Nabat Books is an obscure publishing company “dedicated to reprinting forgotten memoirs by various misfits, outsiders, and rebels.” In 1926, the company printed, You Can’t Win, a memoir of Jack Black’s (not the actor) life on the road and living outside the law.
Every locked up person should study this life-changing turn-around adventure.
Black’s mother died when he was a teenager. Shortly thereafter, he parted ways with his father. Years later he reminisced: “I had not spent one hour in the company of an honest person. I had lived in an atmosphere of larceny, theft, crime. I thought in terms of theft. Houses were built to be burglarized, citizens were to be robbed, police to be avoided and hated, stool pigeons to be chastised, and the thieves to be cultivated and protected. That was my code; the code of my companions. That was the atmosphere I breathed. ‘If you live with wolves, you will learn to howl.’”
You Can’t Win is loaded with colorful con artists, thieves, and hustlers who teach Black the meaning of integrity, honor, and respect given to and between “old school” convicts.
The beggars, bums, and thieves back-in-the-day were not dirty rotten crazies running the streets. In Black’s world, “…beggars are the most reliable and trustworthy, the most self-sacrificing and the quickest to help of any class of people outside the pale of society.”
Black notes. “The beggar minds his own business, settles his own feuds, and I cannot recall ever seeing one of them in court testifying against anybody for anything.”
However, it was only a matter of time before life as a professional burglar and thief landed Black in prison.
The anguish shackling has on wrongdoers resonates just as strongly nine decades ago as it does today, as Black reports the psychological impact of his incarceration.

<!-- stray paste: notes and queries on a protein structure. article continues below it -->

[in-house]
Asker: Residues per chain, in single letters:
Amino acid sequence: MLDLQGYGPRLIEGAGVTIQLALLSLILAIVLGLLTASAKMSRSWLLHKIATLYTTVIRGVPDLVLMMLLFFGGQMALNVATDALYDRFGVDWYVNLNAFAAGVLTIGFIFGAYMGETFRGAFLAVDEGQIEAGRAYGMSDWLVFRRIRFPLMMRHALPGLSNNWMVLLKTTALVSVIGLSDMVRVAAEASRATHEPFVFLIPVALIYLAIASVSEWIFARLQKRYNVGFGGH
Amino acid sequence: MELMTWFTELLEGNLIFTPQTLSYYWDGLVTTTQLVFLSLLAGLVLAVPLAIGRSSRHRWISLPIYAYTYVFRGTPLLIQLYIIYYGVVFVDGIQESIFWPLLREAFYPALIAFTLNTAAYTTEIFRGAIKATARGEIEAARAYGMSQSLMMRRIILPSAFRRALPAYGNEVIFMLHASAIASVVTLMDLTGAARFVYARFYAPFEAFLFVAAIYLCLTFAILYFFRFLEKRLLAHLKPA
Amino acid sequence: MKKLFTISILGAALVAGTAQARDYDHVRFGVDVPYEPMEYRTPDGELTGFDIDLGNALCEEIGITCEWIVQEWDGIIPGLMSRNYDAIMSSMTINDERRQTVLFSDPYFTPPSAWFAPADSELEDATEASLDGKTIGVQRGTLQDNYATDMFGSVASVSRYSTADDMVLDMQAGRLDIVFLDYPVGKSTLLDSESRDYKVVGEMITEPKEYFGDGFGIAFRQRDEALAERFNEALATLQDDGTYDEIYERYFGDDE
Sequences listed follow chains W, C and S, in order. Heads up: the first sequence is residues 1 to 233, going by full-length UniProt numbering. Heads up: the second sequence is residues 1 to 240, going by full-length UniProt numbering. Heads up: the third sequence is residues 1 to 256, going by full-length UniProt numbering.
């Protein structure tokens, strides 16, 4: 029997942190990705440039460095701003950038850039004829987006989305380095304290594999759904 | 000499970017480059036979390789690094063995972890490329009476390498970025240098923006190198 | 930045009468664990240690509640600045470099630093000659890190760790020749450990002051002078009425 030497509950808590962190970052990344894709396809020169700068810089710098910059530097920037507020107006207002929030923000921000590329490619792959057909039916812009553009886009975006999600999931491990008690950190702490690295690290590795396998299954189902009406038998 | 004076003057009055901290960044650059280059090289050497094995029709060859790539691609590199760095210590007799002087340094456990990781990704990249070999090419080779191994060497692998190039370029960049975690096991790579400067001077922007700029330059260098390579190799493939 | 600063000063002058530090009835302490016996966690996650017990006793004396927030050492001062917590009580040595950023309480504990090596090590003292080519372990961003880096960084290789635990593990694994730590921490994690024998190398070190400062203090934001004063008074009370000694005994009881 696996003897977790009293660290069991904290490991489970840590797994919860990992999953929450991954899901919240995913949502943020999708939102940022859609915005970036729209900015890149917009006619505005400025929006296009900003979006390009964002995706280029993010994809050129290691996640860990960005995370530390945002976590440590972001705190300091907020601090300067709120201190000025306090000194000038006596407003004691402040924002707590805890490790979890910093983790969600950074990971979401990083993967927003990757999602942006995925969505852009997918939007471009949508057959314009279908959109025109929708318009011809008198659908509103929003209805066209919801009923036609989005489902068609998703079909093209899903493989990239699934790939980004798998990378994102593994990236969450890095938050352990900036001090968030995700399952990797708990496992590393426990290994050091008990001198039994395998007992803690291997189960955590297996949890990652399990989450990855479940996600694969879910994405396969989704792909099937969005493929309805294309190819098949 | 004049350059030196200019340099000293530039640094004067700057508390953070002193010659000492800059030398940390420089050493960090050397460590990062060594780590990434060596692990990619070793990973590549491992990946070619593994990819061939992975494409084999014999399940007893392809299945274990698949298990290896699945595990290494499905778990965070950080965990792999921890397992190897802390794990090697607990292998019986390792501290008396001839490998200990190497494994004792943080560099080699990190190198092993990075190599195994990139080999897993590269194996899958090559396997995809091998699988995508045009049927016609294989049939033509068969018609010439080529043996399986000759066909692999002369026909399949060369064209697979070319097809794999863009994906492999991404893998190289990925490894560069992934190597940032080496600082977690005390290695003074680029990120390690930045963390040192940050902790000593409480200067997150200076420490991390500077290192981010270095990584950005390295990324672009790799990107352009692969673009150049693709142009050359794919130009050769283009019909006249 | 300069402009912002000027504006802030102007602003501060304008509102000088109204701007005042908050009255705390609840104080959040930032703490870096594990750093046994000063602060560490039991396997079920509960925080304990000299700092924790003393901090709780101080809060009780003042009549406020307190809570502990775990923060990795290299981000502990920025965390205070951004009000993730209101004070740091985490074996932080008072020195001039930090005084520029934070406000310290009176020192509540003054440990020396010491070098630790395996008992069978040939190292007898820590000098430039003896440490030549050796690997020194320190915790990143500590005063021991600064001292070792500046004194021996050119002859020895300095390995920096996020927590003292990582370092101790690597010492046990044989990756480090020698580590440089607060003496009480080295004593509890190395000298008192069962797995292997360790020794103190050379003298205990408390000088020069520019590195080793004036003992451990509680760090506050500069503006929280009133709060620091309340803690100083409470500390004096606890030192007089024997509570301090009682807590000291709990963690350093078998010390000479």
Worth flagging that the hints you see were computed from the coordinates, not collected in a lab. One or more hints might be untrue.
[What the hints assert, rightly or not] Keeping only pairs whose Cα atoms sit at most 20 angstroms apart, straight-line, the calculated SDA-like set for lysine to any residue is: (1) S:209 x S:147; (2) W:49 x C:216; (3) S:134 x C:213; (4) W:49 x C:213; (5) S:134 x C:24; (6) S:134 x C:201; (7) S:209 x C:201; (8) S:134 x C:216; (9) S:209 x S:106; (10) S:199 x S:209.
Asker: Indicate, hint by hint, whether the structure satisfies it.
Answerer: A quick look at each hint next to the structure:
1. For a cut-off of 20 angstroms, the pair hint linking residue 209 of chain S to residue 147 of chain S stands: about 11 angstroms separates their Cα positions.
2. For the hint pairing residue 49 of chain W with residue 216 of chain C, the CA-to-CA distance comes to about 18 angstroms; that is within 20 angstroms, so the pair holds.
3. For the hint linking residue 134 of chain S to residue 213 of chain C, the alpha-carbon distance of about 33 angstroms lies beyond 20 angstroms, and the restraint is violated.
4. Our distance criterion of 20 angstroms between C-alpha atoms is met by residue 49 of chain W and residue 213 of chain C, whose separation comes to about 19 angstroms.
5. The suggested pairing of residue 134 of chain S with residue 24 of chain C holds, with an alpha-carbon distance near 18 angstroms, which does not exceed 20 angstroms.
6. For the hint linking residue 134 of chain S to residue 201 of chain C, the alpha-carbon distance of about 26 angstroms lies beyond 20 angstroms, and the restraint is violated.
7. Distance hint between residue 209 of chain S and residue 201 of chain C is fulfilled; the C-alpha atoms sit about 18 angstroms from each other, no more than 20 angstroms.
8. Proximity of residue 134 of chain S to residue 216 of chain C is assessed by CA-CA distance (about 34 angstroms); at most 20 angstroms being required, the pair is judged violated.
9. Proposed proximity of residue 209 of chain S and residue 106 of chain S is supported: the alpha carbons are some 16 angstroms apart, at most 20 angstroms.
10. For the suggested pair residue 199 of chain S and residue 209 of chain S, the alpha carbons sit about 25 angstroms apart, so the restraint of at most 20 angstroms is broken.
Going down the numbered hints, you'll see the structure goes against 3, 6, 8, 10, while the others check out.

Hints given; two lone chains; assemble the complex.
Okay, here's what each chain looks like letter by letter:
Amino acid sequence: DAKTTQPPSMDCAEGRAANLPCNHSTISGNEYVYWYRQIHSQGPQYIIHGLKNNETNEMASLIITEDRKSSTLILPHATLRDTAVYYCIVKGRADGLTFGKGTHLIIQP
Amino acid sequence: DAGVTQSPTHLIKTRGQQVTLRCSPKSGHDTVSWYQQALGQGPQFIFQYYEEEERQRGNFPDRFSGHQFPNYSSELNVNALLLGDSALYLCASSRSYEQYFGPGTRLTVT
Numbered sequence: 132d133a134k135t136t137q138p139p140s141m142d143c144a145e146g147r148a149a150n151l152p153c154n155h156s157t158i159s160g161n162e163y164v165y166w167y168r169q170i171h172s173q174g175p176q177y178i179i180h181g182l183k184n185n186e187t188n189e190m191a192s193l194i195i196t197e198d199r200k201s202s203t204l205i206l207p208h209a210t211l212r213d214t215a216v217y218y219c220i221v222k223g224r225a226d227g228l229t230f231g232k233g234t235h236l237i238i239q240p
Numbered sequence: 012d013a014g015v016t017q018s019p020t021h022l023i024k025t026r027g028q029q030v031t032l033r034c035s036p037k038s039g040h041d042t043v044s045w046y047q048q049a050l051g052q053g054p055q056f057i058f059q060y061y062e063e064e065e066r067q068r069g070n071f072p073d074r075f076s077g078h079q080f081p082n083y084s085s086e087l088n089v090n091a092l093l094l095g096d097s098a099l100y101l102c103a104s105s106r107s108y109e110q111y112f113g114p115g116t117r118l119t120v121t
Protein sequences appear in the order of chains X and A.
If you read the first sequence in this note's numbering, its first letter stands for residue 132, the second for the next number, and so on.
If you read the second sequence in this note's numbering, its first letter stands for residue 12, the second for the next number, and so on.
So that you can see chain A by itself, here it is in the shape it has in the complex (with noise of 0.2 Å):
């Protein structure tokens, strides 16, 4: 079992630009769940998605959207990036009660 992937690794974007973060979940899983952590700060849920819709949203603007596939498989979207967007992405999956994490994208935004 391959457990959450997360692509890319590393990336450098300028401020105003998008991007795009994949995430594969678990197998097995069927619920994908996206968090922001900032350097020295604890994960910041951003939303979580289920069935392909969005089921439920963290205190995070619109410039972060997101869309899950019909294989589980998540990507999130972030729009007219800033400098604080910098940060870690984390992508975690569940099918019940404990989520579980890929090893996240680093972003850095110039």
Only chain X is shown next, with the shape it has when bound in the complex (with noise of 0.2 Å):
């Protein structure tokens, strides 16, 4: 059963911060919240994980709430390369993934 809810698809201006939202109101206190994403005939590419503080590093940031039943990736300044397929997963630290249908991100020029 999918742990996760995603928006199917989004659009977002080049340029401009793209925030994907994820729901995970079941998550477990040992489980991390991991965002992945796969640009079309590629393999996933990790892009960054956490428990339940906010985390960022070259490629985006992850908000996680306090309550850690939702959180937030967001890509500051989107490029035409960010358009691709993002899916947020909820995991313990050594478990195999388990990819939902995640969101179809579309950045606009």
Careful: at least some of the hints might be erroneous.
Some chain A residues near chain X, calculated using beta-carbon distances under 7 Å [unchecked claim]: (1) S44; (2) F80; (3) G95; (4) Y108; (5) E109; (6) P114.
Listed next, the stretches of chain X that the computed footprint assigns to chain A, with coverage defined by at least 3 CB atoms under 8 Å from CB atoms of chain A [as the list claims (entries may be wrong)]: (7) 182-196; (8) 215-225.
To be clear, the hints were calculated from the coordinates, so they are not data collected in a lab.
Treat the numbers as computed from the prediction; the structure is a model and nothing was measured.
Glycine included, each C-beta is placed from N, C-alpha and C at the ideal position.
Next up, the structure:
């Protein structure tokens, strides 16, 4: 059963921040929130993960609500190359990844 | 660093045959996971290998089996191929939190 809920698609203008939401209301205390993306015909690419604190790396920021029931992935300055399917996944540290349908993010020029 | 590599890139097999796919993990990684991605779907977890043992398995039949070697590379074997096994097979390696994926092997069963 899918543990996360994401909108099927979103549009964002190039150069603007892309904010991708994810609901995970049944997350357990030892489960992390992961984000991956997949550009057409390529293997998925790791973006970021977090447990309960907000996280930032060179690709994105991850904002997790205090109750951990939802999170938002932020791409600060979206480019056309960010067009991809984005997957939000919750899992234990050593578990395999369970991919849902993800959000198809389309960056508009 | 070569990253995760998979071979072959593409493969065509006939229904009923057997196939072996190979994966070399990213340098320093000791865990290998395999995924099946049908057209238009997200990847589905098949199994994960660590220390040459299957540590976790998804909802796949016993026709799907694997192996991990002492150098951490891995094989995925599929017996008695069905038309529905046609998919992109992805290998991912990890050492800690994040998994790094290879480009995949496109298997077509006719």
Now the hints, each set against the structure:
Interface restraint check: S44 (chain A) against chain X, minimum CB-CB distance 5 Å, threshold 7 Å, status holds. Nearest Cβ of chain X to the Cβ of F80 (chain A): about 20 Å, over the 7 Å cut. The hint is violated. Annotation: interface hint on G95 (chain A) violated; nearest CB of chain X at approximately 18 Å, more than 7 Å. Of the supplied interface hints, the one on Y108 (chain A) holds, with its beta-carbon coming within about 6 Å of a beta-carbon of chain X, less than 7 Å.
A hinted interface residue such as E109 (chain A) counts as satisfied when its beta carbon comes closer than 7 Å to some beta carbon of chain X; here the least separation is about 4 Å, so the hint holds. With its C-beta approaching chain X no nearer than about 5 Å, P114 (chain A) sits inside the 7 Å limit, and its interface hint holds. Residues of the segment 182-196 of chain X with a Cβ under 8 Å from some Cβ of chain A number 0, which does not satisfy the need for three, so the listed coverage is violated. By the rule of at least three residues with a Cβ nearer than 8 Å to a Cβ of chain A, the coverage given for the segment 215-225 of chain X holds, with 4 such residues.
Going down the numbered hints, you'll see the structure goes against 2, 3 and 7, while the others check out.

“You start doing time the minute the handcuffs are on your wrists. The first day you are locked up is the hardest, and the last day is the easiest. There comes a feeling of helplessness when the prison gates swallow you up – cut you off from the sunshine and flower out in the world – but that feeling soon wears away if you have guts.”
In Black’s later years as a criminal, he realized the adage “crime doesn’t pay” truly applies to his life. He recognized the value of education and how important it is to stay within the law.
However, when Black assessed how the justice system treated him he wrote, “It seemed to me that the blind goddess got a tough deal herself. Everybody connected with the case outraged her. The first judge took money. The coppers framed me in. The witnesses perjured themselves. The second judge was so feloniously righteous that he stood in with the framing. My lawyer was a receiver of stolen goods—even stole some from me. And the police told me that the Jeweler’s Association beat them out of the reward…It frequently happens that the initial loss in dollars and cents is as nothing compared to the wrong and injury that radiate from such crimes like ripples on a pond.”
Black said he could only stop using opium by understanding that “the worst hold the drug gets on a man is the mental hold…A man has to keep a hard grip on his mind; he has to want to quit, first, and keep wanting to quit all the time; then he can do it.”
Black appreciated ending his criminal career and his life changes by writing, “I have seen many miraculous reformations. One man may be reformed through a woman, a woman’s plea, a mother’s love. Others might be reformed through the assistance of kindness of friends. But still another might be reformed by an act of kindness from some unexpected source. I believe that one who has been brutalized can be turned right by an act of kindness and be regenerated. It looks reasonable.”
Juan’s Book Review